ASSOCIATION HOUSE OF CHICAGO

CHICAGO, IL   |  www.associationhouse.org

Mission

We serve a multi-cultural community by providing comprehensive, collaborative and effective programs in English and Spanish. We promote health and wellness and create opportunities for educational and economic advancement.

Ruling year info

1961

President & CEO

Mr. Juan Carlos Linares

Vice President

Mrs. Julie Rodriguez

Main address

1116 N KEDZIE AVE

CHICAGO, IL 60651 USA

Show more contact info

EIN

36-2166961

NTEE code info

Neighborhood Center, Settlement House (P28)

Community Mental Health Center (F32)

Youth Development Programs (O50)

IRS filing requirement

This organization is required to file an IRS Form 990 or 990-EZ.

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Communication

Programs and results

What we aim to solve

SOURCE: Self-reported by organization

Association House fills the systemic gaps left by institutions that exclude Chicago's multicultural individuals and families in need. We develop evidence-based, trauma-informed programs in mental and behavioral healthcare, education, and workforce development. And we provide a coordinated, wrap-around service model for participants to address complex needs and improve their lives. Association House began in 1899 as one of the city's original settlement houses. At that time, our participants were mostly central European - and in need of education, training, and social services to help them adapt to life in a new country. We provided services that the city and State did not, and offered programs to improve our community's access and opportunity for participation in Chicago. Changing over the years, our participant community is still diverse - for many decades now mostly Latinx and African American - and demonstrate critical economic, health, and educational needs.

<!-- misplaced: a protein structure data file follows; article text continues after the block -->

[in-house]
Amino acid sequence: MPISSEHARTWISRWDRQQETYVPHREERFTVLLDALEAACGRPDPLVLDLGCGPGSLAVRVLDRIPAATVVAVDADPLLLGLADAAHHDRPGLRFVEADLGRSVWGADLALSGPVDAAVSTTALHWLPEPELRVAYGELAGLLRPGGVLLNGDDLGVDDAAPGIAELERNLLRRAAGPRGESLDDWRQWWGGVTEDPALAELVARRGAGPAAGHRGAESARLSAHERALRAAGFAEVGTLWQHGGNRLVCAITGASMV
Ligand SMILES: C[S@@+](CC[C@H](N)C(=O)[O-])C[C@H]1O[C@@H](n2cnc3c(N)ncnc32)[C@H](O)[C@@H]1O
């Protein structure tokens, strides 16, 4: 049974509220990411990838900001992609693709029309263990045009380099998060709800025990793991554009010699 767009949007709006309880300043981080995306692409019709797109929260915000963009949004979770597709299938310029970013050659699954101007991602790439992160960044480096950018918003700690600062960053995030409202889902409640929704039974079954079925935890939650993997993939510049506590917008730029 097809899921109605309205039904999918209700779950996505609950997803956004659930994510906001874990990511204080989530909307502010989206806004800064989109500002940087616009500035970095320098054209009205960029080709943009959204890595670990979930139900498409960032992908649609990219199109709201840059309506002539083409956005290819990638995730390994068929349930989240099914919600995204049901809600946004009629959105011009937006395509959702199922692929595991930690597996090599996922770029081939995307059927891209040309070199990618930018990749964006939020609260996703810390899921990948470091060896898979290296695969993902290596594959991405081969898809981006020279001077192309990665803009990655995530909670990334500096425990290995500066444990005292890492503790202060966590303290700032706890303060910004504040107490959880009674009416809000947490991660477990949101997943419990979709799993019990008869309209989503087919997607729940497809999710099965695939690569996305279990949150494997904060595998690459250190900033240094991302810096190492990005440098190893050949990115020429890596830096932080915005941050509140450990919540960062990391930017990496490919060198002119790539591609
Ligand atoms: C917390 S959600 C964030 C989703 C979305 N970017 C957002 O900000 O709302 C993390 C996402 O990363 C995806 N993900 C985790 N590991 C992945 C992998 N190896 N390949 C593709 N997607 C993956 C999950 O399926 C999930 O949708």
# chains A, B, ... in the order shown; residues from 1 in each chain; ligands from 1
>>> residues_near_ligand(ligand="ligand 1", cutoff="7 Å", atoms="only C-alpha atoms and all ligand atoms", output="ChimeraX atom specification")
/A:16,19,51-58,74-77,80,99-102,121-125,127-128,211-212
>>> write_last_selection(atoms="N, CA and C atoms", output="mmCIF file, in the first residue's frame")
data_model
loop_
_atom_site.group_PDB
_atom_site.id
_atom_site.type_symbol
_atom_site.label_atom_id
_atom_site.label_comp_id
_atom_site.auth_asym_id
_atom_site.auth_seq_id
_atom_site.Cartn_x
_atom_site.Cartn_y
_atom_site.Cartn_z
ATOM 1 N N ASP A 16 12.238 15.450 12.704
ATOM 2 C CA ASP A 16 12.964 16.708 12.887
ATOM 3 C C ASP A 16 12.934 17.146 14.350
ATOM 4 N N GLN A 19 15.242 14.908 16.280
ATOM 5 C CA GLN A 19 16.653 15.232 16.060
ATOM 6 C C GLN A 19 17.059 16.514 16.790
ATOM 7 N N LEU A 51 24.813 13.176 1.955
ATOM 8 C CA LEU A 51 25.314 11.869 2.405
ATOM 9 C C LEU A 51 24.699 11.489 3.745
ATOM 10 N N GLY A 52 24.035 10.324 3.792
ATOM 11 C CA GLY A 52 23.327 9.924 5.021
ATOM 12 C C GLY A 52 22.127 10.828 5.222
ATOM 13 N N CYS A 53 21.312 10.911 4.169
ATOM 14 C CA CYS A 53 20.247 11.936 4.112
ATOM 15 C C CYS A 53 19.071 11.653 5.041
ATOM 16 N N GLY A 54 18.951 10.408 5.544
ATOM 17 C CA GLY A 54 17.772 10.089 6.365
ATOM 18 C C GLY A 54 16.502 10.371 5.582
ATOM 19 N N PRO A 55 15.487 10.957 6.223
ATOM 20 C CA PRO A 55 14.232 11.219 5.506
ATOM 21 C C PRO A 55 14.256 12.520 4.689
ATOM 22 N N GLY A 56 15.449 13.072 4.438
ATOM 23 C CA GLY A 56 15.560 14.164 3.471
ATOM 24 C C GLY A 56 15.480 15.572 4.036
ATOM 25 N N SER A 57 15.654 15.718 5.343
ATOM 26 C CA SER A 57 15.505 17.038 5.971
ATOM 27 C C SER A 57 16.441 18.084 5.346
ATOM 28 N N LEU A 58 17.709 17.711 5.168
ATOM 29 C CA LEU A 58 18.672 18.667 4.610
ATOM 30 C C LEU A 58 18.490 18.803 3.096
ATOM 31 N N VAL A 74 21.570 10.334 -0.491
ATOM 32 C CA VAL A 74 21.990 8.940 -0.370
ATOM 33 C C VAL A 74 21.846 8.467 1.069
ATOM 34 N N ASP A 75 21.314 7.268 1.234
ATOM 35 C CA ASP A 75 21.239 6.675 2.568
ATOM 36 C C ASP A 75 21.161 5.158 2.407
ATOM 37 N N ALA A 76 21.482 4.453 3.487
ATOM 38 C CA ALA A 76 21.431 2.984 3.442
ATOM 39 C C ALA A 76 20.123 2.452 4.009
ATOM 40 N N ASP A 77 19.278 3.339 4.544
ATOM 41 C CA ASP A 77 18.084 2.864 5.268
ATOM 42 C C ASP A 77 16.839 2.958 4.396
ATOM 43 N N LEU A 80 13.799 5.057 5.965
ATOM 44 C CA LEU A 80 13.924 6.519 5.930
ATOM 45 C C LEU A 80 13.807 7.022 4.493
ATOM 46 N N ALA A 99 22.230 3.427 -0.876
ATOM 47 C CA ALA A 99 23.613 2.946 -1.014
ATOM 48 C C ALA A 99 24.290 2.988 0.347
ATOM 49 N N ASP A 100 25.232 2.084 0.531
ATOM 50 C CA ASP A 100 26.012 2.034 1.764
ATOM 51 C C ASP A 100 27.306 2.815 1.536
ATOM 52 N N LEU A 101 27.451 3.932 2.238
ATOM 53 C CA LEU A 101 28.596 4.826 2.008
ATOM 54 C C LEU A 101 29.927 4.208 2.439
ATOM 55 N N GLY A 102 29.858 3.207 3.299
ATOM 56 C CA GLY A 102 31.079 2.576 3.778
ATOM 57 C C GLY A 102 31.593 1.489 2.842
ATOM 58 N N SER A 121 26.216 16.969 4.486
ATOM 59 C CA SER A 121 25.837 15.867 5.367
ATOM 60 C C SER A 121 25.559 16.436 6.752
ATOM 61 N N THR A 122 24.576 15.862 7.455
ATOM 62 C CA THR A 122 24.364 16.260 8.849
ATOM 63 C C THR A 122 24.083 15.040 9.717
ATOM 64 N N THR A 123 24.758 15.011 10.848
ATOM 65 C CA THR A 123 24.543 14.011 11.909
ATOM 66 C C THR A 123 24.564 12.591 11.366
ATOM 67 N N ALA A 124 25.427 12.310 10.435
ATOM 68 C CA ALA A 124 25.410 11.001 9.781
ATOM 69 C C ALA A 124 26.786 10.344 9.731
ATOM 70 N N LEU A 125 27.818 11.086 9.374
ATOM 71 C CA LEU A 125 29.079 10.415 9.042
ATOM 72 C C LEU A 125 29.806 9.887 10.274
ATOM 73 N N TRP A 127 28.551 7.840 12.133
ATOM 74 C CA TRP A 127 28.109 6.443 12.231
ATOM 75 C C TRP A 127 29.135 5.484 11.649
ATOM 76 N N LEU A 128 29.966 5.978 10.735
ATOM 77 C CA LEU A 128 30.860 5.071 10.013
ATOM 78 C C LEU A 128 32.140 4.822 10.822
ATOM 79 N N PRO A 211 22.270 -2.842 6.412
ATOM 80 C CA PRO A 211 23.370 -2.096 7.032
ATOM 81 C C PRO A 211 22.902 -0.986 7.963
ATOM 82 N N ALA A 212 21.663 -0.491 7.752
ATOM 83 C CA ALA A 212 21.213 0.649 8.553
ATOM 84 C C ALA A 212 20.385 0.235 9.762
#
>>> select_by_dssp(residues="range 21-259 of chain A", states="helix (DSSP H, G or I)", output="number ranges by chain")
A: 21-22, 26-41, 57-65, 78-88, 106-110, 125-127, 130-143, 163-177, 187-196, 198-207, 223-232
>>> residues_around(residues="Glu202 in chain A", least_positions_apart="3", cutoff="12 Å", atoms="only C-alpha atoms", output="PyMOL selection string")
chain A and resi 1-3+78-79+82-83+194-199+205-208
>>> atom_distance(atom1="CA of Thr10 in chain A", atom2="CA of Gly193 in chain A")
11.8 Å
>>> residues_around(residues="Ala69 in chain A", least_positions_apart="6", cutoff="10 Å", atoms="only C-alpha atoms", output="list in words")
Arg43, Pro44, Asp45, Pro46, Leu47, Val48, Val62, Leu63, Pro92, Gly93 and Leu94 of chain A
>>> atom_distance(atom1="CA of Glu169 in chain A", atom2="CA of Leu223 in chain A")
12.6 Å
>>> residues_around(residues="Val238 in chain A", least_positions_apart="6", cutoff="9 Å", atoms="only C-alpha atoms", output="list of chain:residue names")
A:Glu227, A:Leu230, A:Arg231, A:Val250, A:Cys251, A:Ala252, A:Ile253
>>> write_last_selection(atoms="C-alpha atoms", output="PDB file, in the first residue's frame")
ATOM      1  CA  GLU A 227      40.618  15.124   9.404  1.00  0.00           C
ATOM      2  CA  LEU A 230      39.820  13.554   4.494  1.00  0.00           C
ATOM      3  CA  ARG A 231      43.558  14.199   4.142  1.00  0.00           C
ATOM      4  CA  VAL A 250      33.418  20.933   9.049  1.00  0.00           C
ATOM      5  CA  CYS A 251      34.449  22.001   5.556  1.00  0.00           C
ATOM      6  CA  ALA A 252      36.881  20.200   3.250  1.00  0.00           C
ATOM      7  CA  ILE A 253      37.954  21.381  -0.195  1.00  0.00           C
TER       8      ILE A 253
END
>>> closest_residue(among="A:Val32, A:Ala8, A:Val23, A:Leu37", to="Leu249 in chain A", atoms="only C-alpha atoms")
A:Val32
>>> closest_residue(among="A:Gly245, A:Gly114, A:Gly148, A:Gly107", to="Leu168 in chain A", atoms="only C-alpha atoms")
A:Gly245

Our programs

SOURCE: Self-reported by organization

What are the organization's current programs, how do they measure success, and who do the programs serve?

Healthy Lifestyles Program

Our Healthy Lifestyles Program (HLP) educates youths, their parents, and members of the greater West Side communities that we serve on health and nutrition. We make factual health and nutrition information accessible to encourage long-term, independent healthy decision making through health, nutrition and cooking classes, and physical fitness activities. We also host an annual Back 2 School Fair in August for hundreds of children and families. We are certified to teach evidence-based Mental Health First Aid (MHFA) and Youth Mental Health First Aid (YMHFA) trainings.

Population(s) Served
Children and youth
Older adults
Economically disadvantaged people

Where we work

Accreditations

Council on Accreditation (COA) 2013

Council on Accreditation (COA) 2021

Awards

AmeriCorps Team of the Year 2013

National Council de la Raza

AmeriCorps Team of the Year 2014

National Council de la Raza

Our results

SOURCE: Self-reported by organization

How does this organization measure their results? It's a hard question but an important one.

Number of clients who report general satisfaction with their services

This metric is no longer tracked.
Totals By Year
Population(s) Served

People with disabilities, Economically disadvantaged people

Type of Metric

Output - describing our activities and reach

Direction of Success

Holding steady

Number of participants who gain employment

This metric is no longer tracked.
Totals By Year
Population(s) Served

Multiracial people, People of Latin American descent, Unemployed people, Economically disadvantaged people

Type of Metric

Outcome - describing the effects on people or issues

Direction of Success

Holding steady

Context Notes

This metric applies to participants graduating from our intensive, 8-week Financial Careers Training program.

Number of health education trainings conducted

This metric is no longer tracked.
Totals By Year